Every photographer I know has things in their camera bag, studio closet, or equipment shelf that they cannot explain to themselves. Of course there are also things that are inexplicable to the general public but I am talking about the right-down real cuckoo in the photographic nest – the mystery object.
Quite often it is complete, with instructions, a start-up disc, accessories, and a fitted cover. It can be in a box with specifications printed on the outside and a link to a website…but it is still as foreign to the ken as the black monolith in ” 2001- A Space Odyssey”…and the photographer has the receipt from the shop and a hole in their credit card to prove that they do indeed own it.
Even if you can successfully unravel what it is…whether that be a double-yoked reverse projection screen ball joint locking keeper flag unit or a copy of ” Pimp My JPEG ” on an Atari cartridge…you have no idea why you paid out after-tax money for it. If it was free you could understand it being there. Photographic detritus has a way of washing up wherever there is a backwater. But this is something you exchanged what could have been beer money for.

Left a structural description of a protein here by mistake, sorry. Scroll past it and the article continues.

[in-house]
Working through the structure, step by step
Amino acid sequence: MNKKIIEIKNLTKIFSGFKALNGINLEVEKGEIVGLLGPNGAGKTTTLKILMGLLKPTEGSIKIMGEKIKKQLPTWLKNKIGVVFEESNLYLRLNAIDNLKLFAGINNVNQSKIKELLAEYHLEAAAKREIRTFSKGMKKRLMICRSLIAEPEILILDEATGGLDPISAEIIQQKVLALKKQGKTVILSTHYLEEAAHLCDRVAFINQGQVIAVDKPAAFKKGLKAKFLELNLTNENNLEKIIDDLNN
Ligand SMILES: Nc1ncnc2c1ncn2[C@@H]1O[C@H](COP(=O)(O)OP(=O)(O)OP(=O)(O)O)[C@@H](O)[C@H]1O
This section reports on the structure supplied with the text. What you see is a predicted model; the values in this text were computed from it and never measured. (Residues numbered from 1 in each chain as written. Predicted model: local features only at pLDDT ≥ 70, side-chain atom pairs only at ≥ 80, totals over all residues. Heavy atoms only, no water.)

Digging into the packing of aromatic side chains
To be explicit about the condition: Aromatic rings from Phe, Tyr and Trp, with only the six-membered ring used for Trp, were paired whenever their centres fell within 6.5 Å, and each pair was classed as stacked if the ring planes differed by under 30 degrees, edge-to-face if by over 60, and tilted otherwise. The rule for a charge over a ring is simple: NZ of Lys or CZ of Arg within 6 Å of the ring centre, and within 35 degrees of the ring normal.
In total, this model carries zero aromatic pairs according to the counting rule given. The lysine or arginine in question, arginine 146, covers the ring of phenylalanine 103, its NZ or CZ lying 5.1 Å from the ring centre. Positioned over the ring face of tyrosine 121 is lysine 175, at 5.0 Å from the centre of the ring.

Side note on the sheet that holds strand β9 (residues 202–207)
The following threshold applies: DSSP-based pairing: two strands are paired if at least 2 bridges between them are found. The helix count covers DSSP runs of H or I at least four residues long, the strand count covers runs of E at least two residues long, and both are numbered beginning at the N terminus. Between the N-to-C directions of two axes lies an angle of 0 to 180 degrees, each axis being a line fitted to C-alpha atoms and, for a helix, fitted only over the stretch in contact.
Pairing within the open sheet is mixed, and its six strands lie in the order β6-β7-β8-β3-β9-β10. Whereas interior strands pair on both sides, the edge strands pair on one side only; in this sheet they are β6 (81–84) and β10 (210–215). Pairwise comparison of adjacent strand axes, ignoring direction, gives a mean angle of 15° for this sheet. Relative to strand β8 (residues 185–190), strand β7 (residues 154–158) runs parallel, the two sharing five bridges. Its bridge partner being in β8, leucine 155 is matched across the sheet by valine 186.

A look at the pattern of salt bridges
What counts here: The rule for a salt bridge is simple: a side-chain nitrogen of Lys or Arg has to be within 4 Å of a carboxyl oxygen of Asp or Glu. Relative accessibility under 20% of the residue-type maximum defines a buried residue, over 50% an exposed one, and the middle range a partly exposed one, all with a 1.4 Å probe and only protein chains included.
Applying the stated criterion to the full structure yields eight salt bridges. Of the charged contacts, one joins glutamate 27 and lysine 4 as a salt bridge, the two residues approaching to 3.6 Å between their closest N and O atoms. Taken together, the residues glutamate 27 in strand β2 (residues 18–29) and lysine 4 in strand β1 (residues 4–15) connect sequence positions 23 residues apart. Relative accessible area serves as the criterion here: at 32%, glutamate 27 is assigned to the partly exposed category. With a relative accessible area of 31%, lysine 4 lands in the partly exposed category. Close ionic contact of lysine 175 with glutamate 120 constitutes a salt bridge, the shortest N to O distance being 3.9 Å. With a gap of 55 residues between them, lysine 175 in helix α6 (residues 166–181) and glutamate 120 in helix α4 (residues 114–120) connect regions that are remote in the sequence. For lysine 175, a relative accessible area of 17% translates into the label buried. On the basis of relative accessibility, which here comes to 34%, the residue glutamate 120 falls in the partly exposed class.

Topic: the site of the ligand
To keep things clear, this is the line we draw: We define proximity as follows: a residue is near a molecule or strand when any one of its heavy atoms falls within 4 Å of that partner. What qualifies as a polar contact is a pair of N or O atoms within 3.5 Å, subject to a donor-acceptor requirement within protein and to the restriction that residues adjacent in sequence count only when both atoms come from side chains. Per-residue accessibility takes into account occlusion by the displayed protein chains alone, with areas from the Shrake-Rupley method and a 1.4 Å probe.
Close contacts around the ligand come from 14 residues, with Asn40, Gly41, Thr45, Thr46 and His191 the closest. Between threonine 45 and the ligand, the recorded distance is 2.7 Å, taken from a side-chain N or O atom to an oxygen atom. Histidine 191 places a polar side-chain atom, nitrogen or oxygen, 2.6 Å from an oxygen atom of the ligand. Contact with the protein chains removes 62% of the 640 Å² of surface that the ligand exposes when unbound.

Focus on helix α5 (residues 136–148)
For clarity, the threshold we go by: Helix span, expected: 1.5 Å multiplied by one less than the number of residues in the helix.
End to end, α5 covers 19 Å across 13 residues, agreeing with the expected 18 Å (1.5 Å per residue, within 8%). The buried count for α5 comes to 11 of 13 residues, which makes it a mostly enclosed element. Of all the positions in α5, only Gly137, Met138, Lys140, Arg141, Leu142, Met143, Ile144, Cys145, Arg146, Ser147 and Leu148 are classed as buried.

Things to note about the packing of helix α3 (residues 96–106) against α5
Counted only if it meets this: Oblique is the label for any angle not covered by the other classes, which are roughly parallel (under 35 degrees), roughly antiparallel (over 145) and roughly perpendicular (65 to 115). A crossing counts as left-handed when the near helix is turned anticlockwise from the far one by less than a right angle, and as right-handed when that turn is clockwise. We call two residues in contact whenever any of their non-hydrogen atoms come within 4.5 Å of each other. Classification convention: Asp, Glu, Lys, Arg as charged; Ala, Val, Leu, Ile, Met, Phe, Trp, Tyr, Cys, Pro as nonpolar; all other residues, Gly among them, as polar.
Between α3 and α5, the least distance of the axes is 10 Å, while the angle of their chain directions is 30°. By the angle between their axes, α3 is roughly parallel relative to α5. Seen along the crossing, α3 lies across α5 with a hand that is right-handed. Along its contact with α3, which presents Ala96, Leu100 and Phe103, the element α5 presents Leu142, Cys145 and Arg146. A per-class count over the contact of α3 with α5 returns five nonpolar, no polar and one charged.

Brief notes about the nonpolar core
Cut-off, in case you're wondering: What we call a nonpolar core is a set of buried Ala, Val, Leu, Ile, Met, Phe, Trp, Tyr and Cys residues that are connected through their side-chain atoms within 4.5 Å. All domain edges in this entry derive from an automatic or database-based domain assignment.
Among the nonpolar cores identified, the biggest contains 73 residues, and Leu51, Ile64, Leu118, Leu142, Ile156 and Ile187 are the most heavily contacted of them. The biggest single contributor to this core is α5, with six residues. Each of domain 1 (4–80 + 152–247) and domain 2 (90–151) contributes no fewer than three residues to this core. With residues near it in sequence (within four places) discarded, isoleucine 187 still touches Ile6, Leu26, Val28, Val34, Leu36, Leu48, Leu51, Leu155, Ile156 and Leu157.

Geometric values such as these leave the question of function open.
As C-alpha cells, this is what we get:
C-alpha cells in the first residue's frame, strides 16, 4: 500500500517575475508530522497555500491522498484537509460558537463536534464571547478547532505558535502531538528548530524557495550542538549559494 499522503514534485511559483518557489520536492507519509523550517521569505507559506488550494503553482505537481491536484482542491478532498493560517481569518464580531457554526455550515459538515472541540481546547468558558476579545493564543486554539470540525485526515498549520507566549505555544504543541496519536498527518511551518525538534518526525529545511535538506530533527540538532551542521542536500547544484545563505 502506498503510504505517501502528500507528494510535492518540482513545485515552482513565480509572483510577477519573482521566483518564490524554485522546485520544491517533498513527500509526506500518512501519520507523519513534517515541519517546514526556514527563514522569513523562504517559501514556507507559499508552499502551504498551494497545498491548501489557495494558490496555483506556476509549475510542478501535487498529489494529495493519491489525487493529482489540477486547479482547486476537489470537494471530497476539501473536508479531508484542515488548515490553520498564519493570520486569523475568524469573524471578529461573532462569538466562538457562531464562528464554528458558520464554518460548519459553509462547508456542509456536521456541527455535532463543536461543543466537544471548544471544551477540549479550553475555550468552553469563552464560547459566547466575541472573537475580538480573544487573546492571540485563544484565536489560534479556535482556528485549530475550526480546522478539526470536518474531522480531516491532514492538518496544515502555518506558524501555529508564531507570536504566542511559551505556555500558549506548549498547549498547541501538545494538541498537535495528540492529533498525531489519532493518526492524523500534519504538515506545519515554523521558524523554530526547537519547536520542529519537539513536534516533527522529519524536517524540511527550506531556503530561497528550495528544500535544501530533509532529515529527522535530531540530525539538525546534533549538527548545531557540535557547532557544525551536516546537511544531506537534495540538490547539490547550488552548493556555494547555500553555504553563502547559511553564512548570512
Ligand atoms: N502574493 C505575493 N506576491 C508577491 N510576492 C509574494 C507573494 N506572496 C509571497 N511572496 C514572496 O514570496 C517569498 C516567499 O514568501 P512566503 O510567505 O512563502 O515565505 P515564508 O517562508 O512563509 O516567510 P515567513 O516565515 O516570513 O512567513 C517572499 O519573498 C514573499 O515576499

It generally marks the sad history of a stillborn idea. Perhaps something that you thought you could do…or thought that someone would call upon you to do…that never eventuated. That is the case with the bellows unit that always formed the background in a system shot for the SLR in the #Waterlogue era. You got to see all the stuff that the manufacturer made for the camera in one picture and that damned bellows unit was always there in the back. It was generally big, complex, and well-finished. Everyone wanted one, quite a few people bought them, and no-one ever used them. They were the photographic equivalent of a case of canned gefilte fish.
I can offer one consolation – if you keep the whatever long enough it may rust shut, and then you can legitimately throw it out. Or the foam rubber seals may deteriorate and render it even more useless than it was when you couldn’t use it.
Or you will have another bright idea and it will be just the thing to form the centrepiece of the project. I have a Novoflex part that has dogged me for literally 50 years that is just now being put to good use. Being Novoflex, it works as well now as ever it did.